Meet Paul Villinski, a New York City artist with a lifelong concern for environmental issues whose work “frequently repurposes discarded materials, effecting surprising and poetic transformations.”
What first grabbed my heartstrings were his sculptures fabricated from two musical instruments. Their intrinsically beautiful shapes were taken to new heights by butterflies snipped from crushed beer cans from the streets of New York. Villiniski muses that “every one of them was once raised to someone’s lips.” It is a wonderful exercise to wonder who all these diverse people were who drank from these cans that were ultimately united in this transcendent art.
“The butterflies operate symbolically, : metamorphosing littered beer cans into flocks of butterflies mirrors the act of transformation and rebirth that butterflies symbolize across all cultures” (the artist) The second pieces that caught my eye were also related to music….this time old vinyl records that were transfigured into birds and butterflies…not only stunning imagery but reminding us of how music has the power to make us soar.
“Butterflies seem impossible. How can these ridiculously delicate creatures, apparently blown about by the merest breath of wind, actually fly many thousands of miles to migrate? How is it that an innate, intergenerational GPS guides them year after year to the same tree? Are we more like them than we suspect, or could we be?” (the artist)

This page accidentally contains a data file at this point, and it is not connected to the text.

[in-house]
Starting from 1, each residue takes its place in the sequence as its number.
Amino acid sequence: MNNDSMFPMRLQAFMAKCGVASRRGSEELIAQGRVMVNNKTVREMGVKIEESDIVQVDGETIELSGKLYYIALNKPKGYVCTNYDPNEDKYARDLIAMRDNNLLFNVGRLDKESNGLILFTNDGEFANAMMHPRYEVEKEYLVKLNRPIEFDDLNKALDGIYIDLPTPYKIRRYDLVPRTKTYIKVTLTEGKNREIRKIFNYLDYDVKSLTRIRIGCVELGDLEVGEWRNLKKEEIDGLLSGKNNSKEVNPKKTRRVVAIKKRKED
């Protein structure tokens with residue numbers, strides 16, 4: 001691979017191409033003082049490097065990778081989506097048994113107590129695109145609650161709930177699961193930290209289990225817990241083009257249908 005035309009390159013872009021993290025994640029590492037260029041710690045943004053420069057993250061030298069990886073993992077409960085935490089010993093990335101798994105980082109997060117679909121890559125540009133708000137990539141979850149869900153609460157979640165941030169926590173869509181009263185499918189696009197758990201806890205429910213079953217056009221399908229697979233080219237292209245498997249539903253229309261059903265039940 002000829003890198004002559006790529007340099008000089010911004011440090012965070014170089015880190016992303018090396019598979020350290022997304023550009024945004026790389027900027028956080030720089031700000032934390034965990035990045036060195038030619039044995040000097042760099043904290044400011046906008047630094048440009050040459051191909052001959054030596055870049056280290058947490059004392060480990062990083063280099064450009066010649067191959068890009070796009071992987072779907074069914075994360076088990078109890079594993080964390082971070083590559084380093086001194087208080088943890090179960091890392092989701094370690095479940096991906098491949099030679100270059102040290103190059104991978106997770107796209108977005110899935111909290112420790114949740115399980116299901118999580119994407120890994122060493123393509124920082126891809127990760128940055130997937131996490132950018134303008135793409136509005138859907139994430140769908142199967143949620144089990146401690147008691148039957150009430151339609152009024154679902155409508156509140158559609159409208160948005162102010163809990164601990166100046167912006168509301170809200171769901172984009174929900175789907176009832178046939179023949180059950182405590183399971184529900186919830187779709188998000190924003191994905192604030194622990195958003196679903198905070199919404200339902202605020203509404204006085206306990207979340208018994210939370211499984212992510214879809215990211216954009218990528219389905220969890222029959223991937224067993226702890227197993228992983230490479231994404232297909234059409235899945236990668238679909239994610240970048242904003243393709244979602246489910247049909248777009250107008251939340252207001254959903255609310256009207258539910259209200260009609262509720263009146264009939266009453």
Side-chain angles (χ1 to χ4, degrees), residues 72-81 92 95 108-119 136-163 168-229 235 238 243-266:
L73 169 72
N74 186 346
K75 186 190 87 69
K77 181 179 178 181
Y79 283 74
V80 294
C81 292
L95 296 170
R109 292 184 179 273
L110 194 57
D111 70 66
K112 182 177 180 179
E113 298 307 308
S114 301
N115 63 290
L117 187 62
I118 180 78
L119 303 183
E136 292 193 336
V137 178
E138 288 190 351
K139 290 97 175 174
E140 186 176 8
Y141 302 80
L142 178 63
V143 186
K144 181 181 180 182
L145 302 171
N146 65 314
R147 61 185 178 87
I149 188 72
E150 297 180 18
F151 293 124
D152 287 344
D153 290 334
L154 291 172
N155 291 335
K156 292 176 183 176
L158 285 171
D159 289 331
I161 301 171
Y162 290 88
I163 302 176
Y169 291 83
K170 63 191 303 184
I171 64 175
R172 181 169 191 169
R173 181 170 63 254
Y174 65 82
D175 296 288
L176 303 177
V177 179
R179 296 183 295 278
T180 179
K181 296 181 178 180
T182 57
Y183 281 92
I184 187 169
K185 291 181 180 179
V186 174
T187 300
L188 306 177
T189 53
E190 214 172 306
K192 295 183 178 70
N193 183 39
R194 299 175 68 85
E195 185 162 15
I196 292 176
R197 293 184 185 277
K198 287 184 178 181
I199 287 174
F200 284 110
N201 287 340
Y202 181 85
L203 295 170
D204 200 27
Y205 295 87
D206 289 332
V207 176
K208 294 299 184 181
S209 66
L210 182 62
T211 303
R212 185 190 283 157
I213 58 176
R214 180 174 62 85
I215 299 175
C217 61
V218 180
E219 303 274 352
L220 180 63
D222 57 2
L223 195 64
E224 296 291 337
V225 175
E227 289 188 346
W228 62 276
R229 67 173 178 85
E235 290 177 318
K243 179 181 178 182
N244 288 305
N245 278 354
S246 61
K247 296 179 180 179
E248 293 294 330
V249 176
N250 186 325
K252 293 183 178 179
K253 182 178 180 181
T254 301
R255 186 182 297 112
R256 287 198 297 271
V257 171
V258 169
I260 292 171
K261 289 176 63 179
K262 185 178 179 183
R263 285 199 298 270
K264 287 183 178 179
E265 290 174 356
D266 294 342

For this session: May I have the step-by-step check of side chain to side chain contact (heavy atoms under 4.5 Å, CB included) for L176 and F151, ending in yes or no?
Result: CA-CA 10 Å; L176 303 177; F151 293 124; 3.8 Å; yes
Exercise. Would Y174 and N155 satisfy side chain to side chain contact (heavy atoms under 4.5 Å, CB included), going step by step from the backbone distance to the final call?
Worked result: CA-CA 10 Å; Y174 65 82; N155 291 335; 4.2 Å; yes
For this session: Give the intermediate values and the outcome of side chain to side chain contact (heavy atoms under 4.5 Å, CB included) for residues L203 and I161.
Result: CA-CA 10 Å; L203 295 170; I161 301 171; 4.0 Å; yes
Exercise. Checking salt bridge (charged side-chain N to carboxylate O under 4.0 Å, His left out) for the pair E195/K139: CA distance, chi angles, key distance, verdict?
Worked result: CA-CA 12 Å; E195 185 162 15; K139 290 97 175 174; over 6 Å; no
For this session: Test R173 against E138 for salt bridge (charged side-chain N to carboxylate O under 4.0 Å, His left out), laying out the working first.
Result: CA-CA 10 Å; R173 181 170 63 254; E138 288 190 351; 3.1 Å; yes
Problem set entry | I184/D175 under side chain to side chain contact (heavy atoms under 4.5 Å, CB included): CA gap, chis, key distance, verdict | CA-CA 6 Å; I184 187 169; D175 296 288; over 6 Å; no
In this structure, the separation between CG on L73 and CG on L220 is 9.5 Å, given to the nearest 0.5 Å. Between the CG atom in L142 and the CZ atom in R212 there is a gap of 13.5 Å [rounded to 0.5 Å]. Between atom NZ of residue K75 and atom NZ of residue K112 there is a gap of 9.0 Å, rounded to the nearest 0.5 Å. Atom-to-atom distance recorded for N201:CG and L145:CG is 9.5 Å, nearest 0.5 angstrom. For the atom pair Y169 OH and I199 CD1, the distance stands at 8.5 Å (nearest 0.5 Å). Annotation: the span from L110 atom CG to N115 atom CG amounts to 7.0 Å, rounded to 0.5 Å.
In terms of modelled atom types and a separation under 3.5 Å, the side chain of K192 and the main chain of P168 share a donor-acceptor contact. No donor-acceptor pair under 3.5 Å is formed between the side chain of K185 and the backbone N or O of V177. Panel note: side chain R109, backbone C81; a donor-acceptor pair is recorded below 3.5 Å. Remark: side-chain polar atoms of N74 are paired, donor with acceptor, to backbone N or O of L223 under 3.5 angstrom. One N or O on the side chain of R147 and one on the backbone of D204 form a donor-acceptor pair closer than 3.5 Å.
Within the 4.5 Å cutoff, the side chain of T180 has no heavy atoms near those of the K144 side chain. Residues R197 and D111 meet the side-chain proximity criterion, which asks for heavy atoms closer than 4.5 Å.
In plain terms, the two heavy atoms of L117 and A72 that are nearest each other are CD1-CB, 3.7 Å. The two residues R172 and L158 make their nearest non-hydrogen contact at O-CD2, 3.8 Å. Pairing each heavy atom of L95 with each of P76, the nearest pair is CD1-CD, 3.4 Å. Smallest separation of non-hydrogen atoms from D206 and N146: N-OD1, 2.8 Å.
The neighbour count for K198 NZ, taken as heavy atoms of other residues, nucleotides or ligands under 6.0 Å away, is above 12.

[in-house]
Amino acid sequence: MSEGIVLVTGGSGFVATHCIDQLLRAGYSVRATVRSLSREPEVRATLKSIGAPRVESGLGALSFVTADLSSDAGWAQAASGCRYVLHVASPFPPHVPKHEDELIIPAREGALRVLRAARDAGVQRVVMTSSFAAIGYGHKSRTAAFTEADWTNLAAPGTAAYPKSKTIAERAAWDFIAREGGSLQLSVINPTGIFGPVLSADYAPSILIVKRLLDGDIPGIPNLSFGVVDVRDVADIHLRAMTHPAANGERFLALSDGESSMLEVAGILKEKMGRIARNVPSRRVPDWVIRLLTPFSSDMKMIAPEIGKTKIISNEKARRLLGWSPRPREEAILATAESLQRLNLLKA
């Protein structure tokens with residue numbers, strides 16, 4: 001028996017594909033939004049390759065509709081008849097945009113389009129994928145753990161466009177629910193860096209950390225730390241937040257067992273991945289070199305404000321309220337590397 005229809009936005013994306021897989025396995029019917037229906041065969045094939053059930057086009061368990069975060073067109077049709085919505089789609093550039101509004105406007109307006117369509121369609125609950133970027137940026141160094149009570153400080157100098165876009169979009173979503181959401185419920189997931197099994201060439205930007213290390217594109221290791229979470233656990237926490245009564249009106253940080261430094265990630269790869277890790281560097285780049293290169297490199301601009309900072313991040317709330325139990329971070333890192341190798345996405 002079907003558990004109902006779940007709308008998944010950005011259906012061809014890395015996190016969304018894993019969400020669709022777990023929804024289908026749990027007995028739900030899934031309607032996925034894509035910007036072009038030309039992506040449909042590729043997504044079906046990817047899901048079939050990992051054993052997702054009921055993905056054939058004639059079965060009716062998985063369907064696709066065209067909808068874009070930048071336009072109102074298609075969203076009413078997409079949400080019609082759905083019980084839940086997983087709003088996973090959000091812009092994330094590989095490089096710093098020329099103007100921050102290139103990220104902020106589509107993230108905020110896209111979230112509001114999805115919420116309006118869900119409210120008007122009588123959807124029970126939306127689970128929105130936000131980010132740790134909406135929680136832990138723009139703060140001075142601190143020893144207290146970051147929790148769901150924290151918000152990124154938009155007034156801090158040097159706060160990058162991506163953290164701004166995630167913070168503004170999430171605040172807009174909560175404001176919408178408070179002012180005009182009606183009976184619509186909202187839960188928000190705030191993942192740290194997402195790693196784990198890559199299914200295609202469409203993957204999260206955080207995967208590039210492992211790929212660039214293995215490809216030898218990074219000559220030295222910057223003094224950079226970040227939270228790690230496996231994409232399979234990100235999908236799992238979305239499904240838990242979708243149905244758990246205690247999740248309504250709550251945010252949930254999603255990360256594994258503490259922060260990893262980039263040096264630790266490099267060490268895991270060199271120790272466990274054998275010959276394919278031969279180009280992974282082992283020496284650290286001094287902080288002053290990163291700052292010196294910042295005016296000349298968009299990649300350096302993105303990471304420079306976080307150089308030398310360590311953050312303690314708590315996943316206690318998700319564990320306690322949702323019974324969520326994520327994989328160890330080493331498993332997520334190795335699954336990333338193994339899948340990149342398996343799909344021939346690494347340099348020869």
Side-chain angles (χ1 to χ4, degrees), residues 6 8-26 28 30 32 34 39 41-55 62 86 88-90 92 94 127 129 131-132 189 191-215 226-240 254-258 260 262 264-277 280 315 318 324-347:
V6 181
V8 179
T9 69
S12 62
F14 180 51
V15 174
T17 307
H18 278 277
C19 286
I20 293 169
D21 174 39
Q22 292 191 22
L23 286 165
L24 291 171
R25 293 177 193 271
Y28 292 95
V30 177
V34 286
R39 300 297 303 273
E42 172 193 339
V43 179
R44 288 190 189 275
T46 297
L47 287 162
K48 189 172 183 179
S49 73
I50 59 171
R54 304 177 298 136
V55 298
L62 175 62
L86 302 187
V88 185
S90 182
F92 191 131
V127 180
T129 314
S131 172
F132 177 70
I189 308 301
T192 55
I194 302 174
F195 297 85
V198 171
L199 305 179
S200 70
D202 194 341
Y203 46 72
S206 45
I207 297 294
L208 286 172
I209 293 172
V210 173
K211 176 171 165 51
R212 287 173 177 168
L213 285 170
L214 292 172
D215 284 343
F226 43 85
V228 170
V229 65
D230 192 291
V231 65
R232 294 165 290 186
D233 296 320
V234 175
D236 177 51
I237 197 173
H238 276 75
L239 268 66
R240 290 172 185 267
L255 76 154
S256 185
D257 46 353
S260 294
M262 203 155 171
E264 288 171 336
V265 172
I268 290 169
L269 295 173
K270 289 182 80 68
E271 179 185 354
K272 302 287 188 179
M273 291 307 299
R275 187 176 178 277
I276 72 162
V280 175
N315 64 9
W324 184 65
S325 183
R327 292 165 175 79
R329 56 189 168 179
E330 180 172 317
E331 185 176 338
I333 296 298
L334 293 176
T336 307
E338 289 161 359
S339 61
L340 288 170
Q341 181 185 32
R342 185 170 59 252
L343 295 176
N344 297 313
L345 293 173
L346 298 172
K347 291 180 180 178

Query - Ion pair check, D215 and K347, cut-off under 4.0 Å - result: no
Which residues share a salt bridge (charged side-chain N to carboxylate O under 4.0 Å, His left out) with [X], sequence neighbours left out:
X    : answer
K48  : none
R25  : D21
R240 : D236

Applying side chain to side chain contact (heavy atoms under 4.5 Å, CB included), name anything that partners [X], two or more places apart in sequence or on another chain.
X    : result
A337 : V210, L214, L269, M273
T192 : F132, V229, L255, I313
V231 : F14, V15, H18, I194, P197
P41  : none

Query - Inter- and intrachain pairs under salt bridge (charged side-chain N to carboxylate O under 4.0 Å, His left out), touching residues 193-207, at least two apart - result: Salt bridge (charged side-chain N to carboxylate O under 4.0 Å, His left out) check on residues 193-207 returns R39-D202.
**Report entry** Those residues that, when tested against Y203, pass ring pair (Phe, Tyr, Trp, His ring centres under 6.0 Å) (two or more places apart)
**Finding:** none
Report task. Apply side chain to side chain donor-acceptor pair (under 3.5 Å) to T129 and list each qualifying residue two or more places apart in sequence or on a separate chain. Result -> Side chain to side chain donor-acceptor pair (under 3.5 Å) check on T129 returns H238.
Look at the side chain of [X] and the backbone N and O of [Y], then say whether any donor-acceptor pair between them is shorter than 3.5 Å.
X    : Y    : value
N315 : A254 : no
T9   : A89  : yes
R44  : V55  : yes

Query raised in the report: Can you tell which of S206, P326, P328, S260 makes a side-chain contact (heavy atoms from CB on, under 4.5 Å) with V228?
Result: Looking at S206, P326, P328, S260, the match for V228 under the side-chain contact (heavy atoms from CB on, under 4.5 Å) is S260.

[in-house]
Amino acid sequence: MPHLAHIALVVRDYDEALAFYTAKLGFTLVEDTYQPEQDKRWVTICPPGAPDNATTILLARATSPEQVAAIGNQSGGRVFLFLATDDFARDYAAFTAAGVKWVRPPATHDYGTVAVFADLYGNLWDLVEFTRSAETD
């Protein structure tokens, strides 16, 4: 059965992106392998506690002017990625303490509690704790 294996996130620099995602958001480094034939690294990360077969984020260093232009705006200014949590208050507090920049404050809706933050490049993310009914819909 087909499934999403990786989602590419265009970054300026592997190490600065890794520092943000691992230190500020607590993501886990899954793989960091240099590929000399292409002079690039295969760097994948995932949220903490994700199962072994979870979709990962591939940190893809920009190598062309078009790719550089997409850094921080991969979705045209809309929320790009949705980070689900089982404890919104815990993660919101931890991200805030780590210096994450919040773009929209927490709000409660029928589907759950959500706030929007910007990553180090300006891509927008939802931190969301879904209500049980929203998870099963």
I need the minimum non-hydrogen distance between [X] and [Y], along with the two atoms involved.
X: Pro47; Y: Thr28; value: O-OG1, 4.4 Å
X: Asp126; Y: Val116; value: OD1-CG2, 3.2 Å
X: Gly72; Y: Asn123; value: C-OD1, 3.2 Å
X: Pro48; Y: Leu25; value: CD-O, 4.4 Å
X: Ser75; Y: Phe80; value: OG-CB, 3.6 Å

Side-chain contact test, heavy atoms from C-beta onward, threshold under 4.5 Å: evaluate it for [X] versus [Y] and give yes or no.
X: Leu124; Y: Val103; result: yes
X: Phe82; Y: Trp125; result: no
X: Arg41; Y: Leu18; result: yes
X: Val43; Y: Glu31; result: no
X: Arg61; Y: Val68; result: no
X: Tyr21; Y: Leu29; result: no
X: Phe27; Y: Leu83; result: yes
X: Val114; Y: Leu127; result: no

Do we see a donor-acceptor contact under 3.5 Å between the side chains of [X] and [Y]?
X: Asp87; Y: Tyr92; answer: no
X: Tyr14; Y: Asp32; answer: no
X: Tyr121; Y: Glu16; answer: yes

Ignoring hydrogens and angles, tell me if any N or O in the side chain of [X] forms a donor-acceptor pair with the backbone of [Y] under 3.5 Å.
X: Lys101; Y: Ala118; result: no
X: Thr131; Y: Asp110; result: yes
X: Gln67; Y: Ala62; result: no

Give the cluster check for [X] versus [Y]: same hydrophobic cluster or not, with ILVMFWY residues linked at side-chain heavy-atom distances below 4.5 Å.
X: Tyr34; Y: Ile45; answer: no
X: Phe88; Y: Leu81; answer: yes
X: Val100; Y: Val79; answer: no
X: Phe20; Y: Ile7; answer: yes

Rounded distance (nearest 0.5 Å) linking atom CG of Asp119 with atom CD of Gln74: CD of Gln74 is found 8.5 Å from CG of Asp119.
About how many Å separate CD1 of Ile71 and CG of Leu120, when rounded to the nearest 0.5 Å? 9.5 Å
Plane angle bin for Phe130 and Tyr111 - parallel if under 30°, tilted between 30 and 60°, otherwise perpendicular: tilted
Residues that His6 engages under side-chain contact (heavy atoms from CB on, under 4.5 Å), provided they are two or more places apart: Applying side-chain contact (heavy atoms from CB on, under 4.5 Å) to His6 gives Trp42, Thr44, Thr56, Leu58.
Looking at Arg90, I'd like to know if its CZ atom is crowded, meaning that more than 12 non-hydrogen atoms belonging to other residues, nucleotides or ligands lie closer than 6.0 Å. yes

I love the shadows that these images form as much as I love the actual art. My next favorite pieces were the ones created from found gloves because they reminded me of our Luna tribe….each unique from many walks of life, yet still connected.
In the poetic and hopeful words of the artist ” Lost gloves? The city is full of them. Having read this, you will see them everywhere. Do they stand in for the people who wore them? Instantly you wonder: whose was this – their sex and age and body type – their laugh? What work was done? You begin to construct entire identities, for the gloves are replete with memory, with personal history. They are almost the hands themselves, in ways even more telling.
Gloves from all ages, classes, occupations, races. Gloves from all walks. Here everyone wears gloves and loses them. Collected over the years and into artworks they make an informal census, a demographic of detritus.
They have qualities we fear coming to know: carelessly left behind, forgotten or discarded, weathered, damaged, exhausted and worn through, run over by life, homeless. Lost and found. So I bring them into the studio and into pieces and give them homes, with the others.
Some of the pieces are constructed from found work gloves only. These have a patina of the work performed while worn. They are freighted with untold hours of labor. To this I add my own labor.
The gloves are collected from the streets daily. The pieces are obsessively handmade. Entwined. Handstitched. They are about handwork and restoration and connectedness. Once they lie melancholic, now they are hopeful.”